As a member of the Department of Terrestrial Magnetism of the Carnegie Institution, Washington, Mr. Herbert W. Graham was engaged throughout the year in a continuation of his studies of the Dinoflagellata of the plankton collections made by the ship "Carnegie" of the Carnegie Institution of Washington. His studies of this group of organisms from the standpoints of taxonomy, geographic distribution, and evolutionary significance of skeletal variations were continued. About six hundred fifty camera lucida working sketches were made to be used in the final organization of the results. Sixty-eight more species were recorded and their distribution in the Atlantic studied. It was found that considerable of the taxonomic difficulties which have been ecountered in the genus Peridinium may be attributed not only to the fact that there is frequently a wide variation within a species but also to the lack of thoroughness in the descriptions and figures published in the past. Too frequently only the grosser features were observed and reported. For this reason a detailed study of the skeletal morphology was started on one of the commonest and most variable groups of the genus, the formenkreis, Peridinium depressum s. lat. A careful dissection is being made of all skeletal units so that not only the plate pattern but also the details of the more obscure apical, girdle, and sulcal regions will be brought to light. Exact information of the genus will be of the utmost importance in the study of the entire group Dinoflagellata.
Dr. Charles W. Greene, of the Department of Physiology, University of Missouri, spent the spring quarter in a study of the physiology of light production in the midshipman fish, Porichthys notatus.
Miss Lois T. Martin, of Stanford, during the spring and summer quarters continued observations of the living Foraminifera from the intertidal zone of Monterey Bay, with special attention to the construction of a satisfactory aquarium for the organisms, and the preparation of two reports on cretaceous Foraminifera from the Selma Chalk of Alabama and from Standard Oil wells of Tonalapa, Tehuantepec, Mexico.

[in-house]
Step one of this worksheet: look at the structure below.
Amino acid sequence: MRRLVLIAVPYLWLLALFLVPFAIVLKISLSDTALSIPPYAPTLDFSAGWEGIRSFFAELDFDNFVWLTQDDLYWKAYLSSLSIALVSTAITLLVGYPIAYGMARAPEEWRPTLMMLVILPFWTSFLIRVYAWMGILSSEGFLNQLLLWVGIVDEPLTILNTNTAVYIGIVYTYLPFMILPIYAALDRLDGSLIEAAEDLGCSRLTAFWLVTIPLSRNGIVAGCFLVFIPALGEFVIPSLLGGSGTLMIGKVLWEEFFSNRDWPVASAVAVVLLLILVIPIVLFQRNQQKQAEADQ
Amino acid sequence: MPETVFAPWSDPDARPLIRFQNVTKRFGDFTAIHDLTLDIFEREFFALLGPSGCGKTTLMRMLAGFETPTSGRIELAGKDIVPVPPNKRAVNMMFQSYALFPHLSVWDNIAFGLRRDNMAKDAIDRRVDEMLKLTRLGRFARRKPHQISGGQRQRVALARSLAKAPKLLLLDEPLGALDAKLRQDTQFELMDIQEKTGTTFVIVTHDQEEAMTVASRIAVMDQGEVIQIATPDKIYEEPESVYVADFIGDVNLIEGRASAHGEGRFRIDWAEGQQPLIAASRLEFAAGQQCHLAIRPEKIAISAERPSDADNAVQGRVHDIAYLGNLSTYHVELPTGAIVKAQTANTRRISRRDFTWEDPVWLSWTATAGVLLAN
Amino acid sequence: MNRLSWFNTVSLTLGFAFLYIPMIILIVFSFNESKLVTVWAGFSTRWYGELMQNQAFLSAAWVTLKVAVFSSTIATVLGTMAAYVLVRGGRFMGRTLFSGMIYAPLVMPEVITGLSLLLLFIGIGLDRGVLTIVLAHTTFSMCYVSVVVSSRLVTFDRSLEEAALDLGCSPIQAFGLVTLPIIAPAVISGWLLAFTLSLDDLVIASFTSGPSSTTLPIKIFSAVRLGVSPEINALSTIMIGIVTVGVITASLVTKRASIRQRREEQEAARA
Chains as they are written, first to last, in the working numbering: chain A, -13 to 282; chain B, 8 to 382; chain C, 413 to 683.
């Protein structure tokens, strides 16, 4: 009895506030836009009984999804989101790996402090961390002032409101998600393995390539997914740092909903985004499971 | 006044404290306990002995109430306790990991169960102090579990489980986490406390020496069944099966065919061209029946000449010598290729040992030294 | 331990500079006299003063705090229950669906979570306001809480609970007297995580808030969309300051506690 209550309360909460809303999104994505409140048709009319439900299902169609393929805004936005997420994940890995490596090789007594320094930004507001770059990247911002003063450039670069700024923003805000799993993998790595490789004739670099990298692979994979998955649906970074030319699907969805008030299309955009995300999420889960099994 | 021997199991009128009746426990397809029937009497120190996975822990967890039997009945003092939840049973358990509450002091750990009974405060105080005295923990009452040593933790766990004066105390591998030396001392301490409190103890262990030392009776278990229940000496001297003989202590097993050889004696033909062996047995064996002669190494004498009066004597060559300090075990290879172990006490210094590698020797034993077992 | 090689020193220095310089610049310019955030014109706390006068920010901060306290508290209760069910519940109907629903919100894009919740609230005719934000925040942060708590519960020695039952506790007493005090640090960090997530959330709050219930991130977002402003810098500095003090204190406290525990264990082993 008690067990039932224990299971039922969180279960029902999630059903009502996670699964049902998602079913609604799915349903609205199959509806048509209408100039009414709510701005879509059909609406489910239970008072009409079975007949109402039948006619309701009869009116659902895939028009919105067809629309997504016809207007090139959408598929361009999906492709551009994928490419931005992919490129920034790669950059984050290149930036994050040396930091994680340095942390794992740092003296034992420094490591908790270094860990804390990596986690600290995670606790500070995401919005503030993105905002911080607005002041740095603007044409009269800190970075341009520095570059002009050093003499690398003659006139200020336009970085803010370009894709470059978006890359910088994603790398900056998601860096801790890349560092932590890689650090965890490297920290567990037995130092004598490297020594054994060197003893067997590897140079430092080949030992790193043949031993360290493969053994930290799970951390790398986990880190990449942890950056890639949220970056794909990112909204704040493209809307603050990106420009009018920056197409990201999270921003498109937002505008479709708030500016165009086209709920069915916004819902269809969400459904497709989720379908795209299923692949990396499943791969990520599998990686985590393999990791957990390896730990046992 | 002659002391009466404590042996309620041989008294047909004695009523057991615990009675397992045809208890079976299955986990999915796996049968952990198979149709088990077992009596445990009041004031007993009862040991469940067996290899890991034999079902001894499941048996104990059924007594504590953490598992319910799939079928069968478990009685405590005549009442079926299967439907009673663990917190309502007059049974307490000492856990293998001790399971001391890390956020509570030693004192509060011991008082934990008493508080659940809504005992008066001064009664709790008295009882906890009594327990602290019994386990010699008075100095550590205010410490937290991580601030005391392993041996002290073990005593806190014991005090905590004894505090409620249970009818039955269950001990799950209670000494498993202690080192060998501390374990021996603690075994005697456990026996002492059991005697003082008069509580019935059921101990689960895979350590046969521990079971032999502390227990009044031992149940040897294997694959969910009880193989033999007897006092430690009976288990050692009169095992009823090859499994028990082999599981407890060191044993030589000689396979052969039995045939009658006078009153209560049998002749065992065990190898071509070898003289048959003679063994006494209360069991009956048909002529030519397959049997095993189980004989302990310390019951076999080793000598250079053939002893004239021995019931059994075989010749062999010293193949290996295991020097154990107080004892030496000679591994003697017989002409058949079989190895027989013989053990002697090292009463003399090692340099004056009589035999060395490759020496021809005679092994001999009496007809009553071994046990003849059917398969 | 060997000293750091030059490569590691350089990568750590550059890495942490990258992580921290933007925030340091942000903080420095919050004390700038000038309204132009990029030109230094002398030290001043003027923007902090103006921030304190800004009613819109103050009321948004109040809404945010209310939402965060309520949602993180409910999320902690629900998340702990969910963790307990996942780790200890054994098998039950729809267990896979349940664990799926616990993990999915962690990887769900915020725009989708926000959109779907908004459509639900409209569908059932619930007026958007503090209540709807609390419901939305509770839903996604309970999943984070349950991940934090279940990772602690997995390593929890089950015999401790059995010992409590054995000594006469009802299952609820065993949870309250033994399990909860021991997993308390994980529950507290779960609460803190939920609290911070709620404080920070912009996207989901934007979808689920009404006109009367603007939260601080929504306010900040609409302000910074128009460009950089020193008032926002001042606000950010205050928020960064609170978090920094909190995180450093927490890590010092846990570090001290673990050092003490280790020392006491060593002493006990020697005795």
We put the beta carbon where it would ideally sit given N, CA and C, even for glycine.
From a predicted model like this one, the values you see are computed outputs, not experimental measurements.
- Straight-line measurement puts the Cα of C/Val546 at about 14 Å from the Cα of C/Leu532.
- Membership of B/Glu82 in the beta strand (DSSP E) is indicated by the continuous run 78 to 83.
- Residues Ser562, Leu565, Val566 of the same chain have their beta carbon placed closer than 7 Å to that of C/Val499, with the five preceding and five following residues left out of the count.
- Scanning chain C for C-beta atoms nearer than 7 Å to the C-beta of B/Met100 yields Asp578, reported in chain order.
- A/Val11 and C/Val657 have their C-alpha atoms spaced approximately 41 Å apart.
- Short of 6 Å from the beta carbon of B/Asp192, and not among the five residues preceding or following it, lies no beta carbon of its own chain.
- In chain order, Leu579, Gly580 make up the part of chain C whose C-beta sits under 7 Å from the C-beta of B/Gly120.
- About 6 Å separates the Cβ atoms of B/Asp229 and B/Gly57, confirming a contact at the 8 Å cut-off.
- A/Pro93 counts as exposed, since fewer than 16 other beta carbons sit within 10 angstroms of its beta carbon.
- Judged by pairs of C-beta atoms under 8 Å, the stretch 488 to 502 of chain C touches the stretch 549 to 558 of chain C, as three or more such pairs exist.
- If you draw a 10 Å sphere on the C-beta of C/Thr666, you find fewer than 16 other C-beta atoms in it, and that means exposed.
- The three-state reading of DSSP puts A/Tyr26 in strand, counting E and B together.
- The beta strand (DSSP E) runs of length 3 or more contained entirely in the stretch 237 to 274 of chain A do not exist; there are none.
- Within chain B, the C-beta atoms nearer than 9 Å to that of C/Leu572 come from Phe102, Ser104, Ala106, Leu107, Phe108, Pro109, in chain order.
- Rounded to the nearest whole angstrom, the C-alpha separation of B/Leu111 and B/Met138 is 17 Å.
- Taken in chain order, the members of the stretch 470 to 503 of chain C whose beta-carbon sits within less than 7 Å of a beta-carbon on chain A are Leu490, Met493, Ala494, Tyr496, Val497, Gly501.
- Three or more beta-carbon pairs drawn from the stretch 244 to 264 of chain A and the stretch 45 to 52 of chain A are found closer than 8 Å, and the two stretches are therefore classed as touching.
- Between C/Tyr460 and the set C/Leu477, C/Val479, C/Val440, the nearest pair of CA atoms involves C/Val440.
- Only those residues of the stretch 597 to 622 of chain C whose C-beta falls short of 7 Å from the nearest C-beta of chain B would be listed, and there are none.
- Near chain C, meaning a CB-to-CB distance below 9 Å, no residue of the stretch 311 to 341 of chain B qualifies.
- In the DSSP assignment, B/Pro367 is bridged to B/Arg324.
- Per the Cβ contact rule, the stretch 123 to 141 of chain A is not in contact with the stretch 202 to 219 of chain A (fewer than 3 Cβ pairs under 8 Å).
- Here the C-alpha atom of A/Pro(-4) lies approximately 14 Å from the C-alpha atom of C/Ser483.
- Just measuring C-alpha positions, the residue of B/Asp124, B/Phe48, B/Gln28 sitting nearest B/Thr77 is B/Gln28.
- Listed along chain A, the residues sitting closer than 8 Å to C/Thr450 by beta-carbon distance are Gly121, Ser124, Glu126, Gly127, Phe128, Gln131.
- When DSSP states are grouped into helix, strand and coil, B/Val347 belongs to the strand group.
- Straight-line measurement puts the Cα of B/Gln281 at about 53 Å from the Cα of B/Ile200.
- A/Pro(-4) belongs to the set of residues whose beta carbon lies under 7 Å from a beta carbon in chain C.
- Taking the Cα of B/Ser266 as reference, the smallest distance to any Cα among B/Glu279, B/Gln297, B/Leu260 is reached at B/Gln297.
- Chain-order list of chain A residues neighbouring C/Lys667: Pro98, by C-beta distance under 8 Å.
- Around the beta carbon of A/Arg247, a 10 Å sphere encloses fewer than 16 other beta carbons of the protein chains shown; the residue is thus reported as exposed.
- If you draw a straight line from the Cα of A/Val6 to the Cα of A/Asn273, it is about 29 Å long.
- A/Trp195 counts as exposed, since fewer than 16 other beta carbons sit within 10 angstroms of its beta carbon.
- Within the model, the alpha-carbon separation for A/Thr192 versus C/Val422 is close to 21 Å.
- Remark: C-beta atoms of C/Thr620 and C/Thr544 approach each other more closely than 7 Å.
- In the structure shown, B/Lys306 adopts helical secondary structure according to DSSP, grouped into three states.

Mr. J. B. Phillips continued work on the sardine program under the auspices of the Division of Fish and Game of California. This included seasonal sampling of the commercial sardine catch at Monterey and osteological studies of the sardine. He also commenced work on the albacore program at Monterey, preliminary work of which consisted of offshore scouting. He also made summary surveys of minor fisheries of importance, in and off Monterey Bay, at various times.
During the academic year Dr. Laetitia M. Snow, of the Department of Botany, Wellesley College, continued her investigations of the bacterial flora of windblown sand with the study of the Pacific Coast dunes near Asilomar and the dunes in the upper part of Death Valley. As these studies are comparative, conclusions cannot be drawn until the data are tabulated with those previously obtained in other sections of the country. The question of nitrogen fixation will be continued at Wellesley.